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Where Government Fails, Local Leaders Work To Meet Texans' Basic Needs

MICHEL MARTIN, HOST:

We're going to begin once again tonight with our focus on the millions of people who are still coping with the devastating effects of extreme winter weather last week. We're focusing on Texas. Yesterday, President Biden approved a major disaster declaration for the state, emphasizing the hardest-hit areas. That frees up federal aid for individuals and state officials rushing to repair burst water pipes and other critical infrastructure damaged during the storm.

But those repairs won't be easy or quick, and the hardship continues to take a toll, especially on the most vulnerable. So to begin the program today, we're going to hear from some of those who are trying to help.

KENNY WILSON: Last night, we had about 125 individuals who came in for warm sleeping that have never been here before. Or if they've been here, it's been a long time.

MARTIN: That is Kenny Wilson. He is the CEO of Haven for Hope. That's a shelter that support San Antonio's homeless population. He says it was a frightening moment when the shelter's water supply was cut off last week, making all the bathrooms inoperable.

WILSON: For all the days and nights since, we had one faucet on the entire 22-acre campus that worked. And we filled buckets day and night and shuttled them in the freezing cold and in the snow to all the restrooms on campus so that people could be as comfortable as possible.

MARTIN: In Houston, emergency room doctor Ben Saldana and his colleagues at Houston Methodist were already juggling heart attacks, strokes and COVID patients before the storm hit. Then, Saldana says, they started seeing an influx of patients on dialysis.

BEN SALDANA: One of the challenges was kidney disease. So we have a high rate of kidney disease. And, in fact, end-stage renal kidney patients - 5 out of 6 in the state of Texas had nowhere to go this week because of the lack of water and power, so they flooded ERs all across the state. This week, when you walked into any of our ER's triage areas, you would find patients lined up on ambulance stretchers and patients attempt at socially distanced in the waiting room.

MARTIN: And then, after working with patients all day, most of the Houston Methodist Hospital staff themselves went home to neighborhoods without power and advisories to boil water. In a week when many Texans will have searching for basic necessities, some in the state are frustrated with the lack of government support for the most needy. That includes Katie Drackert with Austin Mutual Aid. Her group was formed during the pandemic but last week focused on helping people in the city find a warm place to sleep.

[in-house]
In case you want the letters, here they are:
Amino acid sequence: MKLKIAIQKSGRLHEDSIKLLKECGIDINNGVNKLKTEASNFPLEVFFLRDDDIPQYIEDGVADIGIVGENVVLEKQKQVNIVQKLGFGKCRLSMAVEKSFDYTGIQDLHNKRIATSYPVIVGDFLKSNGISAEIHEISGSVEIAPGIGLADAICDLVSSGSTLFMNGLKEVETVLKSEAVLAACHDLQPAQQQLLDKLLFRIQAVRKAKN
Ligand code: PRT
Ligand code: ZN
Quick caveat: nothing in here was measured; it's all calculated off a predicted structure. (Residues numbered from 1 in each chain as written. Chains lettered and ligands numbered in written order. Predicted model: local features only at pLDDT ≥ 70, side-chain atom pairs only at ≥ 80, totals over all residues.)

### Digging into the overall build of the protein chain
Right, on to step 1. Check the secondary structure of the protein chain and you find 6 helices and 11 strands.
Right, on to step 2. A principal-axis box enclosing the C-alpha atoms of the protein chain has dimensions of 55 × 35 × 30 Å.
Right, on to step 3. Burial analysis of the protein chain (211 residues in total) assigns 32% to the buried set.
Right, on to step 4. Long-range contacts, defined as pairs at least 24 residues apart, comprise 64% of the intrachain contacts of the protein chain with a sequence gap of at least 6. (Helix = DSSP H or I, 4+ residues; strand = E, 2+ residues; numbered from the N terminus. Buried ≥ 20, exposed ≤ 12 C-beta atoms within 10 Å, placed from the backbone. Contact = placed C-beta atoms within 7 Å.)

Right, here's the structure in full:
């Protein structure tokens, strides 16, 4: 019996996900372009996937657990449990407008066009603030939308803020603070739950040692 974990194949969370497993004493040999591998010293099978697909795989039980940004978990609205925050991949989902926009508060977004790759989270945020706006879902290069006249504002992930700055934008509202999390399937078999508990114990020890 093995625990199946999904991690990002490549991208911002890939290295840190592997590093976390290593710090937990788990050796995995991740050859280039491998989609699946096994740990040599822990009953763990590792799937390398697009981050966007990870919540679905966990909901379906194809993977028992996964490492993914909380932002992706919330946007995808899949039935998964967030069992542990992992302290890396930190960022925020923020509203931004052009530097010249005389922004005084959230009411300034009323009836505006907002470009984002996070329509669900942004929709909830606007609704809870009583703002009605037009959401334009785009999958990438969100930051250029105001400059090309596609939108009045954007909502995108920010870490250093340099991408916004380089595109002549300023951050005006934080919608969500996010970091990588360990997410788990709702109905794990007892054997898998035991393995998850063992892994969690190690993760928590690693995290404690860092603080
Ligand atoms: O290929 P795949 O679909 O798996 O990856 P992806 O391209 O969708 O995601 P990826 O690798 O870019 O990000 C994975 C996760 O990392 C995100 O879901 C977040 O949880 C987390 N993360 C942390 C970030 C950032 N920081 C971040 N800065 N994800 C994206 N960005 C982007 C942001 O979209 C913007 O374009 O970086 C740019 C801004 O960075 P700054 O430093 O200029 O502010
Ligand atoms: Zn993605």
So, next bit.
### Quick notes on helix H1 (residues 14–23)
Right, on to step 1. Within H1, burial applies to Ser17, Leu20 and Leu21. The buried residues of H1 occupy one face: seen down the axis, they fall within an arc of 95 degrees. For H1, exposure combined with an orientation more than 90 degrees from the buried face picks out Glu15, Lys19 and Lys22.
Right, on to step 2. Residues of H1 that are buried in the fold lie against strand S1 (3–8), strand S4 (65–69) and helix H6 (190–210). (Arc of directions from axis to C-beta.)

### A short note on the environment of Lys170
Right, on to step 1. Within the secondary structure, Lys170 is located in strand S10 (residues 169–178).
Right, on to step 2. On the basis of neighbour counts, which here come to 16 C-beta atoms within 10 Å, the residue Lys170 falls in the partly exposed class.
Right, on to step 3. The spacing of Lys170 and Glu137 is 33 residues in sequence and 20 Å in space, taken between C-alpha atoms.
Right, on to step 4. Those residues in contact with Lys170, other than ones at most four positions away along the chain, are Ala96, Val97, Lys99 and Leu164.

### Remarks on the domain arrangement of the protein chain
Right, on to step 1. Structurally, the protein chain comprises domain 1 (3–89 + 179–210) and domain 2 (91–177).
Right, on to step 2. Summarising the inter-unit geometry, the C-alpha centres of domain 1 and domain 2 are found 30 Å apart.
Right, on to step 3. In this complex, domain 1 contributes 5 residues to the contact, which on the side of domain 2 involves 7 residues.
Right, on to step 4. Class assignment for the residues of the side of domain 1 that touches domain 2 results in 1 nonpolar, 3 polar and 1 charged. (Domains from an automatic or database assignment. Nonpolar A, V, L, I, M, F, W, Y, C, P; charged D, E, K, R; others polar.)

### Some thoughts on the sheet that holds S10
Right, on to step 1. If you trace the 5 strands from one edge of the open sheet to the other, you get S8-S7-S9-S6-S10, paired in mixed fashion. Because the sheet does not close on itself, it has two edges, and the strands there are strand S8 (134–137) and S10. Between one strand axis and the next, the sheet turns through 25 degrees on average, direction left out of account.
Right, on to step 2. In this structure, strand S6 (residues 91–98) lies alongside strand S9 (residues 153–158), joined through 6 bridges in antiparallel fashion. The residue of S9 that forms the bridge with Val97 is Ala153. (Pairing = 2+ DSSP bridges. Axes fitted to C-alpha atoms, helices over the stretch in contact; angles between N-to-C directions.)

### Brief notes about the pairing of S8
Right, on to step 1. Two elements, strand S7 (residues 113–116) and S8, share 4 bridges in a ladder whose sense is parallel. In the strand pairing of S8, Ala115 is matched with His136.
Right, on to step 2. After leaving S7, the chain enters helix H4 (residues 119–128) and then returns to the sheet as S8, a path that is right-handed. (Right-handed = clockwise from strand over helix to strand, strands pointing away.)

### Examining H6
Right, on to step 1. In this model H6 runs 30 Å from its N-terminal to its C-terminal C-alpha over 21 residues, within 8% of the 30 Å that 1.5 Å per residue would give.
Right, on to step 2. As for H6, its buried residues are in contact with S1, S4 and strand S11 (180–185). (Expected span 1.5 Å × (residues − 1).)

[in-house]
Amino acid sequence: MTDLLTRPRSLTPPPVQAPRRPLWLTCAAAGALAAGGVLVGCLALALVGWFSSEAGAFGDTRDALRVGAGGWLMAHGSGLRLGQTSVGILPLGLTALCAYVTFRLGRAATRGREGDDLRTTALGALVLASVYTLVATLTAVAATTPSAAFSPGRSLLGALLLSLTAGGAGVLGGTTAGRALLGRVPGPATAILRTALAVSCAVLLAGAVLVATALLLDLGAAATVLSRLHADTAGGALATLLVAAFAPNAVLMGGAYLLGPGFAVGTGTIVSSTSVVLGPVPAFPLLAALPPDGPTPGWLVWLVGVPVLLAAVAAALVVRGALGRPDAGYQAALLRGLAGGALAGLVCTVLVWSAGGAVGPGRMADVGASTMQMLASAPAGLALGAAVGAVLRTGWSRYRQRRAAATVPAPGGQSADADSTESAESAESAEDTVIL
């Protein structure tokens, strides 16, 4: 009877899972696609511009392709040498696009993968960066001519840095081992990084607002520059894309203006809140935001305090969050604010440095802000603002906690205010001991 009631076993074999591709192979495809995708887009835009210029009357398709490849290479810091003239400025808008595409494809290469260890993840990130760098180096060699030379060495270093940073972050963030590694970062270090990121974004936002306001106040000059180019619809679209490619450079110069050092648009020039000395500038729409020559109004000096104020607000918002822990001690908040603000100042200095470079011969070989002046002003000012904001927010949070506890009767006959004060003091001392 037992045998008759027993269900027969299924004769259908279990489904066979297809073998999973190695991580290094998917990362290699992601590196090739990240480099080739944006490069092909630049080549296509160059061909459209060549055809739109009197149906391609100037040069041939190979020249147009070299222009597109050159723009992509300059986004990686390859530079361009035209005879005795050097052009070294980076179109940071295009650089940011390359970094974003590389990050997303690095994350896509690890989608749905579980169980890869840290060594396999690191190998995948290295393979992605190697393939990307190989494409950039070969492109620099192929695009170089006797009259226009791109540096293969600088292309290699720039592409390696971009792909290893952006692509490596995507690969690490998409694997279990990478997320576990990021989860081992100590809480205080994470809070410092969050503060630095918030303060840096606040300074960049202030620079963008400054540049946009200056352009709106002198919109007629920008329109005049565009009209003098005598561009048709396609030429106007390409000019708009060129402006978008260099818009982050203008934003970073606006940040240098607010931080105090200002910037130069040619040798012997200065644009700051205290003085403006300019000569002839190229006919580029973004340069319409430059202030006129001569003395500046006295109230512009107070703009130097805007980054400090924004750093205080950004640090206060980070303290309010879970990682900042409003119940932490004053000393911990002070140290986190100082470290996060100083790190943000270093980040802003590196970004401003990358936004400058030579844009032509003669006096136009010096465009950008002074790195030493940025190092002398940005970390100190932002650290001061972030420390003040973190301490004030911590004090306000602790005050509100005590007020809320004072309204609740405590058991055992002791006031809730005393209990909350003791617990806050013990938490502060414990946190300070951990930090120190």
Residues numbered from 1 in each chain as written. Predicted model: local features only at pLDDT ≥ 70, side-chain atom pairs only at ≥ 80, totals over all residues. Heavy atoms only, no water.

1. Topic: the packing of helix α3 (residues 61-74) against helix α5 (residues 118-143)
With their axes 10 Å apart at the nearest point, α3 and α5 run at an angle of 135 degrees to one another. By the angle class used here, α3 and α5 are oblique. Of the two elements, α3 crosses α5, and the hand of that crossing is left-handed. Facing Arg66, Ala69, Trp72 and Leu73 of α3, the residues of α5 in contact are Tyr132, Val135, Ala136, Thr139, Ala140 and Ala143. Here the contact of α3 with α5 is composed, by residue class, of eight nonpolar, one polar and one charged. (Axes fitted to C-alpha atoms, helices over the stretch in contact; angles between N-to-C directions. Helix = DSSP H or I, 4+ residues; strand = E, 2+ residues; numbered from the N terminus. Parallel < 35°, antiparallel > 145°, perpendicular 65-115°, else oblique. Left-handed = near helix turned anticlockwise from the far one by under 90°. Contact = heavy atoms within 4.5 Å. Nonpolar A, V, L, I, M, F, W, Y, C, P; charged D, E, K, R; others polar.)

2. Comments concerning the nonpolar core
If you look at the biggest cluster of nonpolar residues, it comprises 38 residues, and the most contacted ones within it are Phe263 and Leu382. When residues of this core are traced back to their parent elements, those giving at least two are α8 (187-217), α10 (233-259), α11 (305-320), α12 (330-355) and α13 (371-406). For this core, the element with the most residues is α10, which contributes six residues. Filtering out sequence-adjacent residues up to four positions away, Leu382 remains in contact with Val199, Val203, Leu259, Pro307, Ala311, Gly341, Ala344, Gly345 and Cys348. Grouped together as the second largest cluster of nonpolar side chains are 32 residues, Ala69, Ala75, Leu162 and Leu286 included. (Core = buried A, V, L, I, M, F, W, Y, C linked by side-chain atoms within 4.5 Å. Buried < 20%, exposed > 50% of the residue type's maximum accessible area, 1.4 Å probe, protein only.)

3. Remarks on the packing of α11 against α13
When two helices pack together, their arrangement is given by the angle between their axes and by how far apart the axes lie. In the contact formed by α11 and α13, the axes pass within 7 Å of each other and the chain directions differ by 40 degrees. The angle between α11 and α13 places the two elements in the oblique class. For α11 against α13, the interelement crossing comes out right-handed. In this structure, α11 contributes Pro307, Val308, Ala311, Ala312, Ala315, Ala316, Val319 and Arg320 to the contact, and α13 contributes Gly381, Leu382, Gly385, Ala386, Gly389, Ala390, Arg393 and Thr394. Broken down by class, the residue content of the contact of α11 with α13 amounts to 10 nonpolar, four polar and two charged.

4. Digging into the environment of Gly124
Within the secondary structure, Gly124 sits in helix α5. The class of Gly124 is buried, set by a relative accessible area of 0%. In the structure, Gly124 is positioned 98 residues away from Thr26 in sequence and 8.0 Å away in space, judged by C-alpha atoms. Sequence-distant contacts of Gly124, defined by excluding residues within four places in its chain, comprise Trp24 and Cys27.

KATIE DRACKERT: There have been people that have frozen to death on the street in Austin, so I am very much in the realm of, like, this bureaucratic decision-making stuff is not - whatever they're doing isn't working.

MARTIN: The good news is donations to some mutual aid programs have skyrocketed this week. Tammy Chang is an organizer with Mutual Aid Houston.

TAMMY CHANG: I think I started the GoFundMe, and by the time I woke up, we were at $100,000 because Reese Witherspoon and Chrissy Teigen had tweeted us out, and it was just a staggering amount. And with all of the donations that we received, we were able to directly distribute $20,000 to Houstonians who have applied in the form of $100 payments. So this is for immediate needs like food and water.

MARTIN: Chang says the success of their GoFundMe shows how inadequate government support has been for Texans in need.

CHANG: Since the beginning of a pandemic, I think I can say with confidence that our city, county, state and even federal government have been pretty abysmal at the sort of support the everyday American, Texan, Houstonian has been able to receive. It's just interesting to me that we are a group of nine 20-something-year-olds, and we were able to pull together direct payments to Houstonians. We were able to pull together food and water distributions, and we were able to pull together rescues and supply drops when no one else from our government has done anything at all.

(SOUNDBITE OF JEAN DU VOYAGE'S "ANITYA")

MARTIN: That was Tammy Chang in Houston. We also heard from Dr. Ben Saldana at Houston Methodist Hospital, Katie Drackert in Austin and Kenny Wilson in San Antonio.

(SOUNDBITE OF JEAN DU VOYAGE'S "ANITYA") Transcript provided by NPR, Copyright NPR.